By Armen ZakarianA preparatory conference for a NATO-led military exercise in Azerbaijan got underway Tuesday in the absence of Armenian army officers who were expected to attempt to enter the host country later in the day on a flight from Istanbul.
The Armenian military, meanwhile, announced its intention to send a detachment of combat troops to the multinational wargames scheduled for next August. The move could create a further headache for the Azerbaijani leadership which is already under strong domestic pressure to prevent Armenian Defense Ministry officials from setting foot in Baku for the first time.
The two senior officers accompanied by an interpreter were due fly to Baku from Istanbul on Monday together with conference participants from Turkey and other NATO member states. But according to Deputy Defense Minister Artur Aghabekian, they missed the plane because of an unexpected delay in a Yerevan-Istanbul flight earlier on Monday.
An Armenian airline that operated the flight and officials at Yerevan’s Zvartnots international airport declined to comment on the delay.
“The guys are now at Istanbul airport. They are scheduled fly to Baku at around midnight,” Aghabekian told RFE/RL.
The Azerbaijani government, responding to an outcry from domestic nationalist groups, has refused to grant entry visas to members of the Armenian delegations beforehand, and it was still unclear whether they will get them at the Bina airport in Baku. An Azerbaijani TV station claimed that they were not allowed to board the Baku-bound plane because of not having the visas in their passports.
Members of an Azerbaijani pressure group favoring a hard line in the Nagorno-Karabakh conflict picketed Bina late Monday in anticipation of the Armenians’ arrival, Azerbaijani media reported. The Karabakh Liberation Organization, backed by several opposition parties, has vowed to thwart their participation in the three-day conference, saying that it would be insulting for the victims of “Armenian aggression” in Karabakh.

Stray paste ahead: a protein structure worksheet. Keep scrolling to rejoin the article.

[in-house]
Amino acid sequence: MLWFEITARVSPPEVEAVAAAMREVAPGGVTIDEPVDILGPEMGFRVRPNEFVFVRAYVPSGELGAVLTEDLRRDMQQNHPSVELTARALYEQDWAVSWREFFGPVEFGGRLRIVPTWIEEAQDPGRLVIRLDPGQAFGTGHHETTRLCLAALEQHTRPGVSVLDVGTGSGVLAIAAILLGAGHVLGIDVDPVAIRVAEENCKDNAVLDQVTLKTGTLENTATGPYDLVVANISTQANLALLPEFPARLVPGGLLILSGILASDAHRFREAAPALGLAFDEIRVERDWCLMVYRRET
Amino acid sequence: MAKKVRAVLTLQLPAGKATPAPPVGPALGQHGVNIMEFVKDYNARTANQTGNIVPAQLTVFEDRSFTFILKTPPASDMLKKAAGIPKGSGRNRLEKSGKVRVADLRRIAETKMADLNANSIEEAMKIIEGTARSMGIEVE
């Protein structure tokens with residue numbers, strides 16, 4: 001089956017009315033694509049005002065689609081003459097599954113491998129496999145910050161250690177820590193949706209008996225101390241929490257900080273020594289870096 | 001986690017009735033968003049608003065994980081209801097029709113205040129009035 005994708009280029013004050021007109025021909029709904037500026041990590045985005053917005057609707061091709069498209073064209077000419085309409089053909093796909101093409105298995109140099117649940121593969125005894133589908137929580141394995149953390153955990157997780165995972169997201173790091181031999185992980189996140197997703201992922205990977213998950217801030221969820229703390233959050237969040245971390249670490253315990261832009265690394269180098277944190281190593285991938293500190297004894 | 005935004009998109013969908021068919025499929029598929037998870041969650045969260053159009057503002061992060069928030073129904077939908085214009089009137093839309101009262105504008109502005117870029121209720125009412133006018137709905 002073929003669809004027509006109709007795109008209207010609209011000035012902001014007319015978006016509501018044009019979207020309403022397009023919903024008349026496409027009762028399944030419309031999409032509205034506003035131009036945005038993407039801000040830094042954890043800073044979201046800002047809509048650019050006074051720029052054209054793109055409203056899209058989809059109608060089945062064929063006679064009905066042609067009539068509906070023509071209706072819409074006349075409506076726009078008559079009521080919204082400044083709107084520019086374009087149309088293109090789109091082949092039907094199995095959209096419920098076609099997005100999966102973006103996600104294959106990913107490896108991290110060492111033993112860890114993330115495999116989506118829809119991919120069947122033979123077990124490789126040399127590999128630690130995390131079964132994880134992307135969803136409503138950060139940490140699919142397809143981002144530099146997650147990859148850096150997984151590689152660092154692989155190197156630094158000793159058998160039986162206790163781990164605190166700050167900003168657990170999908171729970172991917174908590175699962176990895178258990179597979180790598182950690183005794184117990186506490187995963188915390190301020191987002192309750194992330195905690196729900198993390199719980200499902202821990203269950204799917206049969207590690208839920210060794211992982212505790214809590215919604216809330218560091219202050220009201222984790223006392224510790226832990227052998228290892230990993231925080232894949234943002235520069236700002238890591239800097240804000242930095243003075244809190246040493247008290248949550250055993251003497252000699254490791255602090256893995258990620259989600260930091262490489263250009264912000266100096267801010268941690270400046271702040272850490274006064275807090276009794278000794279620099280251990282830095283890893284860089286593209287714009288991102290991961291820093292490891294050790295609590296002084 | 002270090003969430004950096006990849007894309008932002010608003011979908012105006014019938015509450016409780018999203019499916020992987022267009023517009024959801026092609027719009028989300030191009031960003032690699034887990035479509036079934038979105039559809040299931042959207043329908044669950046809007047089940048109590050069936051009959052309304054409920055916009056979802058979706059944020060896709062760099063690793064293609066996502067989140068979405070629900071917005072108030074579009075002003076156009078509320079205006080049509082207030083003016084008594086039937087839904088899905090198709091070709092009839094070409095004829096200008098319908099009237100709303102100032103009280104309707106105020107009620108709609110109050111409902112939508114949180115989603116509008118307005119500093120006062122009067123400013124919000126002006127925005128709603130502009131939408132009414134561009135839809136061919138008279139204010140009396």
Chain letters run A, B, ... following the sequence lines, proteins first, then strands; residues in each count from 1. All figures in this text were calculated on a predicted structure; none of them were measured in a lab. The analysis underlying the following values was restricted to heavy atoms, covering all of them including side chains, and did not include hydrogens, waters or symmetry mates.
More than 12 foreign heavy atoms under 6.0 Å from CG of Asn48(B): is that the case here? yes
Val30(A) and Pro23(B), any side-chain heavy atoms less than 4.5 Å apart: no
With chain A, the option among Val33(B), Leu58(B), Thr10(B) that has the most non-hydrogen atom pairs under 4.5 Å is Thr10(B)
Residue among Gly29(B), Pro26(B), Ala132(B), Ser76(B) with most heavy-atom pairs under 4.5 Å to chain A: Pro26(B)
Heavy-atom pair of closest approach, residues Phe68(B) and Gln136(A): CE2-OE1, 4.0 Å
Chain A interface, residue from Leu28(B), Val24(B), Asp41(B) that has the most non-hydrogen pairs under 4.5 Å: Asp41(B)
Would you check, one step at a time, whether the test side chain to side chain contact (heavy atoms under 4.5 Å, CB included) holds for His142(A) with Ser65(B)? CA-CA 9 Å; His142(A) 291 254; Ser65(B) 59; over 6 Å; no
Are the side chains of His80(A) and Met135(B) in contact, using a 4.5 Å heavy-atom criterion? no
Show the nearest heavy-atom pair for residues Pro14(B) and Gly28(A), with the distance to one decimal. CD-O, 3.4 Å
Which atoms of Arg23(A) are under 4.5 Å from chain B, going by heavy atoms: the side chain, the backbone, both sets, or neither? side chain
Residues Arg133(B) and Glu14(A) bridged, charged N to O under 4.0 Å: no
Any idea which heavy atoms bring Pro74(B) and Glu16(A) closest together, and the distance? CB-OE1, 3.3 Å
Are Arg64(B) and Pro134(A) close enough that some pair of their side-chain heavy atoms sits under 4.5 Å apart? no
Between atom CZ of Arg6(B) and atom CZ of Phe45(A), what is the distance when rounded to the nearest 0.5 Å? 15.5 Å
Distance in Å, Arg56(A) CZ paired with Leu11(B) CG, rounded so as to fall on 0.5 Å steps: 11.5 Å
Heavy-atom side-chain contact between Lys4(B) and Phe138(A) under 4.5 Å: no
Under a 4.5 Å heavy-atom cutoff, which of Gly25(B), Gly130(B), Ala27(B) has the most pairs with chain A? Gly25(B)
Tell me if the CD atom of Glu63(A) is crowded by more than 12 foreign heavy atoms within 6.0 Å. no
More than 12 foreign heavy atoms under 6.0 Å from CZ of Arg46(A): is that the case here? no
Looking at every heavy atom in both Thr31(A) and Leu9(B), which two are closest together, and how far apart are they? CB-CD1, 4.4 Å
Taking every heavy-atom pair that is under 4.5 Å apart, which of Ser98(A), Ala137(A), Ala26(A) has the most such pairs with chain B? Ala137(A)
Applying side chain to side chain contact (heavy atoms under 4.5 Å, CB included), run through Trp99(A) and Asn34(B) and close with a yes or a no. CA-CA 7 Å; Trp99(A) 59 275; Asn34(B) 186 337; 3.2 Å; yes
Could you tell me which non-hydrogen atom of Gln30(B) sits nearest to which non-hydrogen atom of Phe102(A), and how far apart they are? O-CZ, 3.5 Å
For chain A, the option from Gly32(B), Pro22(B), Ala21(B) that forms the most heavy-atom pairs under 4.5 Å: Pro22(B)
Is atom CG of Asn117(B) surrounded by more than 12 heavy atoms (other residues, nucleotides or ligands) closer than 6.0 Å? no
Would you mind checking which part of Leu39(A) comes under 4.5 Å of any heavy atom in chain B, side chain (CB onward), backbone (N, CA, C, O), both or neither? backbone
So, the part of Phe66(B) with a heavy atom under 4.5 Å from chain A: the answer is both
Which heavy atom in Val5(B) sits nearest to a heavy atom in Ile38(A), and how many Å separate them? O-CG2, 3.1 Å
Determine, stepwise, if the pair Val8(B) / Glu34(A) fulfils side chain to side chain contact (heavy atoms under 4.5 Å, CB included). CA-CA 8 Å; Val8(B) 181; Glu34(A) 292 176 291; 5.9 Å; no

Some leaders of the organization have warned that the Armenian officers will be taken hostage once they step on Azerbaijani territory -- a threat shrugged off by Aghabekian. “I think that these are grandiose statements aimed at persuading the Armenian side to stay away from Baku,” he said.
Aghabekian reiterated that Armenia is adamant in intending to attending the drills held under NATO’s Partnership for Peace (PfP) program for non-member states and all related events preceding it. “We are going to announce that we will take part in the exercise with a contingent of both [combat] units and senior officers,” he said.
The prospect of an armed detachment of the Armenian Armed Forces practicing peace-keeping and other military tasks in the vicinity of Baku could be a serious embarrassment for the Azerbaijani authorities that have consistently refused to engage in any form of cooperation with Yerevan before an end to the Karabakh dispute. The Armenian military presence might also be exploited by opponents of the recently elected President Ilham Aliev who had repeatedly accused his late father and predecessor Heydar Aliev of pursuing a “defeatist” policy on Karabakh.
Under the NATO rules a participating country can not decide on the composition of multinational forces involved in a PfP exercise on its territory. Any other nation affiliated with the post-Cold War cooperation framework is free to join it.
The Baku-based newspaper “Ekho” quoted on Tuesday a source in the Azerbaijani Defense Ministry as saying that Armenia’s stubborn desire to join the “Cooperative Best Effort 2004” exercise is a ploy designed to damage Azerbaijan’s credibility in the West.
“We have simply played into their hands,” the unnamed official said. “We should now brace for the NATO leadership’s negative reaction addressed to the Azerbaijani authorities. Baku will now have to provide explanations to the alliance, and this incident will reflect on the country’s international image.”